Paluma Rainforest Village
Village in the Clouds
The Mt Spec section of the Paluma Range National Park is the southern gateway to the Wet Tropics World Heritage Area. The area was first settled by tin miners 130 years ago, but the scenic beauty that ensured its national park status remains unspoilt. Today, Paluma Range National Park and the mountaintop village of Paluma are popular retreats, unaffected by overdevelopment.
About 60 kilometres north of Townsville (40km south of Ingham), the historic Mt Spec Tourist Road leaves the Bruce Highway and turns inland towards the beautiful mountains of the Paluma Range. This scenic road was built mostly by hand during the 1930s Great Depression and is an enduring monument to human achievement.
Along the winding mountain road (not recommended for caravans) can be seen examples of the original stonework and ingenuity, the most striking of which is the popular and photogenic masonry arch bridge over Little Crystal Creek gorge. The stone bridge was built in 1932-33 and was the first of its kind in Queensland. Icy cold crystal clear water rushes down the gorge beneath the arch. The deep pools, huge granite boulders and lush rainforest vegetation make Little Crystal Creek the best swimming hole in Townsville-Thuringowa and a popular stopover on the drive up to the village of Paluma.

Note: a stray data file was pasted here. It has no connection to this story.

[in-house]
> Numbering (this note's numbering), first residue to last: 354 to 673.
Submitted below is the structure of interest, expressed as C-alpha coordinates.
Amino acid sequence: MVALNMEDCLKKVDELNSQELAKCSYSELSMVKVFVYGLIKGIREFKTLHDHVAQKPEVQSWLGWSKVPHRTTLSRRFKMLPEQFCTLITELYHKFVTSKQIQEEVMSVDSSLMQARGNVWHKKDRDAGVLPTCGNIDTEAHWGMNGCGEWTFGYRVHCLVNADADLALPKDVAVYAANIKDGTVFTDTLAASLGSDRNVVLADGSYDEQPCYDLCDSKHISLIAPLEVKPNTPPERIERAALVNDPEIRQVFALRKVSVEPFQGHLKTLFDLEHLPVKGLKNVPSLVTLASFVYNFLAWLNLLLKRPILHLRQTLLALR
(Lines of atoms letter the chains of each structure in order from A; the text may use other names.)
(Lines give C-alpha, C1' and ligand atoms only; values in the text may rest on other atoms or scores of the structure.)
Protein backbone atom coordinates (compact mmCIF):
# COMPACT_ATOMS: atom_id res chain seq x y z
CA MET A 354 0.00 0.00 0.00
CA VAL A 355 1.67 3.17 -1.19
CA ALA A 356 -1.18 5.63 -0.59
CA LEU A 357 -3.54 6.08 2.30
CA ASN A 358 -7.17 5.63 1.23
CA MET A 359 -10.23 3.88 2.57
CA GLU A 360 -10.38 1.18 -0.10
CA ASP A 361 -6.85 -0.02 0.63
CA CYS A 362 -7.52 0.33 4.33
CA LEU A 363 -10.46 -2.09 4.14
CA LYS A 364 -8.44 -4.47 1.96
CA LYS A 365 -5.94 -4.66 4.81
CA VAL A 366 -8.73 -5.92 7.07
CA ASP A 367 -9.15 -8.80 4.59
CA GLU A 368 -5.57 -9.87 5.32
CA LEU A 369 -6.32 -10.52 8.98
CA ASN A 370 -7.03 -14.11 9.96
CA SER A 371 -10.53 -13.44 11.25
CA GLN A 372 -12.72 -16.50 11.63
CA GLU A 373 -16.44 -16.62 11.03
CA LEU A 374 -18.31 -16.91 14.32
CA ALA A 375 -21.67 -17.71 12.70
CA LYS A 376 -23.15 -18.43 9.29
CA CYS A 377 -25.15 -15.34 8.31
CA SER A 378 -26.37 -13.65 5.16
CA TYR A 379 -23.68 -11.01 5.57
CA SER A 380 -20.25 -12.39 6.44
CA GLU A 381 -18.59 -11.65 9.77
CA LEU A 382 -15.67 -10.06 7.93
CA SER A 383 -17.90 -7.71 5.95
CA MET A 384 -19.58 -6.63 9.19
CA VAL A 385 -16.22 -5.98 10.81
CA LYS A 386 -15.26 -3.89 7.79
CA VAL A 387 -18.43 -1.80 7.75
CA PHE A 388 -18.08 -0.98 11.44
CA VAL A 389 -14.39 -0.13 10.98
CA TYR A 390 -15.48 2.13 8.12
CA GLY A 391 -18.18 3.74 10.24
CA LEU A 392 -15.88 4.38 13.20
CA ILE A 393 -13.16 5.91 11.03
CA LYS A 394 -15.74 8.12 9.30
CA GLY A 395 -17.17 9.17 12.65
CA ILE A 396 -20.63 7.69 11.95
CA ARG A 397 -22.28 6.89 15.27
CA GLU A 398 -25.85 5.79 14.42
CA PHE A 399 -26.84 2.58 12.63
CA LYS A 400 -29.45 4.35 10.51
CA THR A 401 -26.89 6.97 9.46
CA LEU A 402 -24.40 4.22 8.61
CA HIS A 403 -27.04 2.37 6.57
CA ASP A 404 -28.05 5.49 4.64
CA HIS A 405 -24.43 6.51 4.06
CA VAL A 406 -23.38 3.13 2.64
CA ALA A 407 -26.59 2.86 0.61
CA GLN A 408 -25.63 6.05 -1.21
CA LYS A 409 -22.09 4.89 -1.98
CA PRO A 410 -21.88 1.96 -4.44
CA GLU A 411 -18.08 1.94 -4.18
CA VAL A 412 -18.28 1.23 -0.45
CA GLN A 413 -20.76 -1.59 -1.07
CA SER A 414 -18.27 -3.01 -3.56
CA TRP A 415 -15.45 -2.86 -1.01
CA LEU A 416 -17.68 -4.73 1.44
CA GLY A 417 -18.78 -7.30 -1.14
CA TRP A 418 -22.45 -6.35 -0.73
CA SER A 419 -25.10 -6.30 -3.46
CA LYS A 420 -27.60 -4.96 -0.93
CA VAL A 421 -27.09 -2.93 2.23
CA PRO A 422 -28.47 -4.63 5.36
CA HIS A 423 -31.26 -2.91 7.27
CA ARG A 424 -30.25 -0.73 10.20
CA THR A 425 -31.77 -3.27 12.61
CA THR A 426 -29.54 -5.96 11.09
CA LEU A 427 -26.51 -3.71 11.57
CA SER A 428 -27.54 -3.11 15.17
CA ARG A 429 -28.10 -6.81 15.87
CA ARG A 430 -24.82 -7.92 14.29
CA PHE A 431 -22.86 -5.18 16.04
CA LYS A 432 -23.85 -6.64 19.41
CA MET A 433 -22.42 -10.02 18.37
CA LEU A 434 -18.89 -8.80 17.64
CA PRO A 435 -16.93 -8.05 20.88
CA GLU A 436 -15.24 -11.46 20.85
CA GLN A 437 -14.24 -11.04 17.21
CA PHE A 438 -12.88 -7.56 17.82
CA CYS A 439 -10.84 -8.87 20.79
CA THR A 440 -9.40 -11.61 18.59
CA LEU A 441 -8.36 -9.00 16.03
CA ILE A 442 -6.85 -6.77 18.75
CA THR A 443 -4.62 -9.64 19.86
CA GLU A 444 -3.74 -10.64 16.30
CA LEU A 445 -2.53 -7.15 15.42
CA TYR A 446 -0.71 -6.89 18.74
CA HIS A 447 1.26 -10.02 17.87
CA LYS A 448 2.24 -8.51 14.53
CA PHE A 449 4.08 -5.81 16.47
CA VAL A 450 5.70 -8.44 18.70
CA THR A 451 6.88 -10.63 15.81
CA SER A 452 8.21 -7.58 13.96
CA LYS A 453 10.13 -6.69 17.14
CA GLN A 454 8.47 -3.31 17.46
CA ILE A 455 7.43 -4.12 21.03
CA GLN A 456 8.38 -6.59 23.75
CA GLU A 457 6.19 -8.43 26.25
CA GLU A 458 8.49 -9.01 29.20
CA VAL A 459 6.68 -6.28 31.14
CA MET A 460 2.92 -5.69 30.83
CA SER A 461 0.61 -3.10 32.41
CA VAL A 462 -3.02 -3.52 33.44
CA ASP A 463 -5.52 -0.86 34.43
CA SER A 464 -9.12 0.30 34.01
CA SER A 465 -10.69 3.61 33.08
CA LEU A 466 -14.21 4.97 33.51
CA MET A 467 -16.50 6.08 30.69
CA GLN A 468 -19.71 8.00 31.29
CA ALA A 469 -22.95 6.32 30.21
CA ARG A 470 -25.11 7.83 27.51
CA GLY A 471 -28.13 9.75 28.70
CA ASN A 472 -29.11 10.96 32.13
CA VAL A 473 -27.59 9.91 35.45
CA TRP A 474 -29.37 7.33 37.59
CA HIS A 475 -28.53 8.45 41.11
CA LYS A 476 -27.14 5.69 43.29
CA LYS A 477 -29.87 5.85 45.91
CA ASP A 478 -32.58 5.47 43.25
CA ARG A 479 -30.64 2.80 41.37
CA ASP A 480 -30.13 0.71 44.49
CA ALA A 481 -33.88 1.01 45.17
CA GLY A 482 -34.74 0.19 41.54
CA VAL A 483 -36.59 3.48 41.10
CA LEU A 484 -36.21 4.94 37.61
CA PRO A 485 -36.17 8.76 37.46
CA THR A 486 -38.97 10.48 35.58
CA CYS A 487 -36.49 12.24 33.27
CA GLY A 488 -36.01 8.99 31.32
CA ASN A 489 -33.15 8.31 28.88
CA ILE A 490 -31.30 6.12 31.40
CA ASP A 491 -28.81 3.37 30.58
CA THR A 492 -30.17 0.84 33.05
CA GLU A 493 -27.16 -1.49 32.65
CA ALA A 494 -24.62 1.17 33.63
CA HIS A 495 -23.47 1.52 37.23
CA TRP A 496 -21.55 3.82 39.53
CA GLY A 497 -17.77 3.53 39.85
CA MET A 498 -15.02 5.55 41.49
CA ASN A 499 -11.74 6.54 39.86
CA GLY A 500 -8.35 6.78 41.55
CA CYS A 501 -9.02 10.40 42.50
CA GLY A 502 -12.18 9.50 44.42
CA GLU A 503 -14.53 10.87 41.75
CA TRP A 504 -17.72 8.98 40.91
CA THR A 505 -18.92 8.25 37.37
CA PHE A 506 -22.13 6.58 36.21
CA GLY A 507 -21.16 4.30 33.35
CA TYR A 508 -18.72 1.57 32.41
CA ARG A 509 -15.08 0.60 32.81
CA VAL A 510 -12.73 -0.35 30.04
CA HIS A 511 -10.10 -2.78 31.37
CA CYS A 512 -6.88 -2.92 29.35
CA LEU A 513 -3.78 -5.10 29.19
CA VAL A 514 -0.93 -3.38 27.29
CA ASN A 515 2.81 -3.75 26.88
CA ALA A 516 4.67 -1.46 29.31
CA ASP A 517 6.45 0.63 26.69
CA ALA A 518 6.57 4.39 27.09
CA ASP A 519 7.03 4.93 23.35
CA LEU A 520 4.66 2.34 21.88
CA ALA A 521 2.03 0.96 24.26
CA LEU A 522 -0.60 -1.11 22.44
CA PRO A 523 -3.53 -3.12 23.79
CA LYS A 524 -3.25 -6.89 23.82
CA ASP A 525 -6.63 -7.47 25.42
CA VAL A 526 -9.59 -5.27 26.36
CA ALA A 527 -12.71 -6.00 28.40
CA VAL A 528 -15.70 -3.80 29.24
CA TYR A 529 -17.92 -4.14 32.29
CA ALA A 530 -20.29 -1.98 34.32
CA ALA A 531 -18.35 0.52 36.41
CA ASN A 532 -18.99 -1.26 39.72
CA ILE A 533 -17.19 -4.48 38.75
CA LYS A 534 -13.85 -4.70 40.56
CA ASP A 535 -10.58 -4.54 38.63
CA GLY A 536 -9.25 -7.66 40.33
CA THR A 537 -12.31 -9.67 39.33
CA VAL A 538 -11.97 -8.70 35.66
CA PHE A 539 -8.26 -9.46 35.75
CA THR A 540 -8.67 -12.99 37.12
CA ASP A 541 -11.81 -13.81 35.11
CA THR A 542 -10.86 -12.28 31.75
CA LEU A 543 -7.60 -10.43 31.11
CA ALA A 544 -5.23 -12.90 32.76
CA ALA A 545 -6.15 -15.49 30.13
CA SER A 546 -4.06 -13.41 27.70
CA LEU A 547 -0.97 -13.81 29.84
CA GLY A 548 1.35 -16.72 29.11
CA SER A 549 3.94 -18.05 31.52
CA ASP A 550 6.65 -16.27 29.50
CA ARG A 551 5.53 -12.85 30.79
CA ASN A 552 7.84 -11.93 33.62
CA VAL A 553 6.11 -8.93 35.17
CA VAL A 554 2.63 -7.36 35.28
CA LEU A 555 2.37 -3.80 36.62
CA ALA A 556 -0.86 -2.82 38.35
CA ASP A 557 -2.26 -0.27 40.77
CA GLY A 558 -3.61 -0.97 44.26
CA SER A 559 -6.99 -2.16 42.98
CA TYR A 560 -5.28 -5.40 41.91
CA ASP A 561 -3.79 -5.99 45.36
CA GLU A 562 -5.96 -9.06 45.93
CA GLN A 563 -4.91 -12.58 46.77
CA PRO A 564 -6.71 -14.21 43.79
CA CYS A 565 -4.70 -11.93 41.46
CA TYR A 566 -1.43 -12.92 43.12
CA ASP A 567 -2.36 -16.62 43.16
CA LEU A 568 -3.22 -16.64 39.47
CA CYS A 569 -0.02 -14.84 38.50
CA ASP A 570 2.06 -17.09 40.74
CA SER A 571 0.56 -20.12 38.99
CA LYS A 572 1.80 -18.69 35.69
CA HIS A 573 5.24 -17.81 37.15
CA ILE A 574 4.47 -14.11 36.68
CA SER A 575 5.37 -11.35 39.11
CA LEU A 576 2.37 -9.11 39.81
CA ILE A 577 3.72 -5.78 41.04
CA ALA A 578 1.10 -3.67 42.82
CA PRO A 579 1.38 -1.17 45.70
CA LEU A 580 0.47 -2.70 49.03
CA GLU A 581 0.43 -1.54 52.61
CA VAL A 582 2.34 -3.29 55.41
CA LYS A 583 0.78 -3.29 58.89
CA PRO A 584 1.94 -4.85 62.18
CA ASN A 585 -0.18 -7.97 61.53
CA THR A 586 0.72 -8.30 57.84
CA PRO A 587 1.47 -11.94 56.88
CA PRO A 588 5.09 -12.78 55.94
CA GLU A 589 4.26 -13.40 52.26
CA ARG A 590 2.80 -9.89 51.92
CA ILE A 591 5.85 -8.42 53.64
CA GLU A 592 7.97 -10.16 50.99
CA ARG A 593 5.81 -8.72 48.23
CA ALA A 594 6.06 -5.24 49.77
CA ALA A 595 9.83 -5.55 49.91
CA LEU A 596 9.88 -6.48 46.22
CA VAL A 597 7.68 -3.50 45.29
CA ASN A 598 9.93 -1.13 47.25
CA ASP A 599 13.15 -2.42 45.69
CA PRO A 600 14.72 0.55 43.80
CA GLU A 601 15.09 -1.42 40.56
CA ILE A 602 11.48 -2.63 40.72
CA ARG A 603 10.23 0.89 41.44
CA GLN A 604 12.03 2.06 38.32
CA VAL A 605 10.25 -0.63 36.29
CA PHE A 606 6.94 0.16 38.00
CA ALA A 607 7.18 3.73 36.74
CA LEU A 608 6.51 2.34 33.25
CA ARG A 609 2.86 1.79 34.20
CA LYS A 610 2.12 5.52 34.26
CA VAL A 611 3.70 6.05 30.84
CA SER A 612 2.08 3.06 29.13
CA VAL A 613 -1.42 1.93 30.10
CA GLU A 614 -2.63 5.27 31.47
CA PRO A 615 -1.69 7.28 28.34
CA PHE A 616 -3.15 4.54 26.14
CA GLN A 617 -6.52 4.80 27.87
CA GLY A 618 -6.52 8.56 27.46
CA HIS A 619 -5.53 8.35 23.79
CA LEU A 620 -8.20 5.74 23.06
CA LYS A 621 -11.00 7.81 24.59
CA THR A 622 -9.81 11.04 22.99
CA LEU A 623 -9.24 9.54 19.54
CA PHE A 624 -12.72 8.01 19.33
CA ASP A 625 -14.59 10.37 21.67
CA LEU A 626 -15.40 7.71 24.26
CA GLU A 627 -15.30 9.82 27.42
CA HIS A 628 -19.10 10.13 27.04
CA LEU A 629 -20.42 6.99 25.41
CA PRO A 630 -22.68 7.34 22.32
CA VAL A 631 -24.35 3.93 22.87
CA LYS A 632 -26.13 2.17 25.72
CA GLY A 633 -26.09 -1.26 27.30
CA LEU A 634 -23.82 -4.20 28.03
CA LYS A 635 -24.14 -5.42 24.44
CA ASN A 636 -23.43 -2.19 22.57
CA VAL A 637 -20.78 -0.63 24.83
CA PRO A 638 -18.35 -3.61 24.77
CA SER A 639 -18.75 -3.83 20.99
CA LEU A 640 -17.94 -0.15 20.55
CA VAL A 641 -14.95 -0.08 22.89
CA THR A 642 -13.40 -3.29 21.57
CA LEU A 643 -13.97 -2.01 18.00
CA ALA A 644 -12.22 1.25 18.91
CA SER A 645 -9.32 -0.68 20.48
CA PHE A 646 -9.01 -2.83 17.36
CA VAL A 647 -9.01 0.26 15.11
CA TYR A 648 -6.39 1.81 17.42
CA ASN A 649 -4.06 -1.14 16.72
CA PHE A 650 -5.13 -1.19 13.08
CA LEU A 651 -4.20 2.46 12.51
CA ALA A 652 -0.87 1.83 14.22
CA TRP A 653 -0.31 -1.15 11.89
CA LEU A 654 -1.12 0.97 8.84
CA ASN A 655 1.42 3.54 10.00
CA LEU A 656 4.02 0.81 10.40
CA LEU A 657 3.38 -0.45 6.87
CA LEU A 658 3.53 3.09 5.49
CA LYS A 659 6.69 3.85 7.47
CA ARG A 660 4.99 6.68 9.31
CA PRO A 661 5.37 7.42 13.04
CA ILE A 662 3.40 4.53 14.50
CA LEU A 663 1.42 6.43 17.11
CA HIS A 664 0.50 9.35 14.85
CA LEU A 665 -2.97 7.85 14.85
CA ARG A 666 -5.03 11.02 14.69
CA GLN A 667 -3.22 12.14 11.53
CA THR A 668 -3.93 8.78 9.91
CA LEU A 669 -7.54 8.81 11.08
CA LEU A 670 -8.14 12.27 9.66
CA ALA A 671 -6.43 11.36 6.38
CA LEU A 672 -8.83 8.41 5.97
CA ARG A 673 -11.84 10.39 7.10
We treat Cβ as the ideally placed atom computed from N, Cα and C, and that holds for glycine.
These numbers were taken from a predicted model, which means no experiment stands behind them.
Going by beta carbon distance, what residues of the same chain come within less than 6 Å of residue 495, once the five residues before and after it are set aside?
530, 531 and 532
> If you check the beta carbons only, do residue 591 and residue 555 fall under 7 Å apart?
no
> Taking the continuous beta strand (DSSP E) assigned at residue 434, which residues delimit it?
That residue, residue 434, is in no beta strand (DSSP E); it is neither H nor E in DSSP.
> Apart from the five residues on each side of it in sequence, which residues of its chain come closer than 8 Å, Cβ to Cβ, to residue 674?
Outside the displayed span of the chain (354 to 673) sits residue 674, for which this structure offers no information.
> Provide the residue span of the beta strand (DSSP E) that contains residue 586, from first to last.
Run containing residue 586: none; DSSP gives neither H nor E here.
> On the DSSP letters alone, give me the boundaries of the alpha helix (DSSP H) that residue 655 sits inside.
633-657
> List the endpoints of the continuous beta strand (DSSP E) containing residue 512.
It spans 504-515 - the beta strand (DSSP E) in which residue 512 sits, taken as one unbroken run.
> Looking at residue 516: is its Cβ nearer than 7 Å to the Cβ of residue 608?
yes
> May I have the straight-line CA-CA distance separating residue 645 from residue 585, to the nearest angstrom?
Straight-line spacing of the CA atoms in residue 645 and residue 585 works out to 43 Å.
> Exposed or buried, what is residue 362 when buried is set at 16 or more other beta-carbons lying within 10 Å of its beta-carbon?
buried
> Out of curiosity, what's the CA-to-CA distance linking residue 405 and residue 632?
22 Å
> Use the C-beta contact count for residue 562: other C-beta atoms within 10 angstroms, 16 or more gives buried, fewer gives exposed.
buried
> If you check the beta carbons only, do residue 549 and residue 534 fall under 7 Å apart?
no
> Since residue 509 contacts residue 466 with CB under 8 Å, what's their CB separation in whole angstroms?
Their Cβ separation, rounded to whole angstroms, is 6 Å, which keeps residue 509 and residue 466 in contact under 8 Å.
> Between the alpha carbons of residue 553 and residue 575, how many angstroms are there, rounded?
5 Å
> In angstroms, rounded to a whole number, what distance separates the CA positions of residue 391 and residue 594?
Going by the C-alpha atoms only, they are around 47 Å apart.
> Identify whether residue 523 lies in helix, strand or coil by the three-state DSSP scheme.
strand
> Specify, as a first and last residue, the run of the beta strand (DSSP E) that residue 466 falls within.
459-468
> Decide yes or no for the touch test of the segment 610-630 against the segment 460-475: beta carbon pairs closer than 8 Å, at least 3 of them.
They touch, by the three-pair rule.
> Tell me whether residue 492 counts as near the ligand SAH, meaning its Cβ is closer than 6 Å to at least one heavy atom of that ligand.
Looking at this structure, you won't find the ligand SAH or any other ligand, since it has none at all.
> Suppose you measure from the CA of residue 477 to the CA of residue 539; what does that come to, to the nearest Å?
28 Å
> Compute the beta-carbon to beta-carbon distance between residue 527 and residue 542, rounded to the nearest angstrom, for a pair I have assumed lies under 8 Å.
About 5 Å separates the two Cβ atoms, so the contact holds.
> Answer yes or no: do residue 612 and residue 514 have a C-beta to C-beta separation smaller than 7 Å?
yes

Picnic, BBQ and toilet facilities are available both at Little Crystal Creek and in Paluma. Walking tracks, some providing stunning coastal views, wind through the rainforest surrounding Paluma. Camping is available at Lake Paluma west of the village, while self-contained cottages, motel and B & B accommodation is available in the village itself.
As you drive west from Paluma, you will notice magnificent stands of eucalypts gradually replacing the rainforest. The ecotone shares a boundary with the national park and contains habitat types and species of animals that are now considered uncommon. Following the purchase of adjacent pastoral properties 'Mt Zero' and 'Taravale' Stations by the private conservation organisation, Australian Wildlife Conservancy, these species are now better protected.
As the elevation drops down into Hidden Valley, the climate becomes warmer and much drier, with the vegetation changing yet again into that traditionally regarded as the Australian 'bush'. On the way to Hidden Valley, the road surface changes to formed gravel. The road into Lake Paluma is also formed gravel.
For information on road conditions, contact Paluma Rainforest Cottages on 4770 8520. For information on the road into Lake Paluma, contact NQ Water on 47708526 or 4770 8510.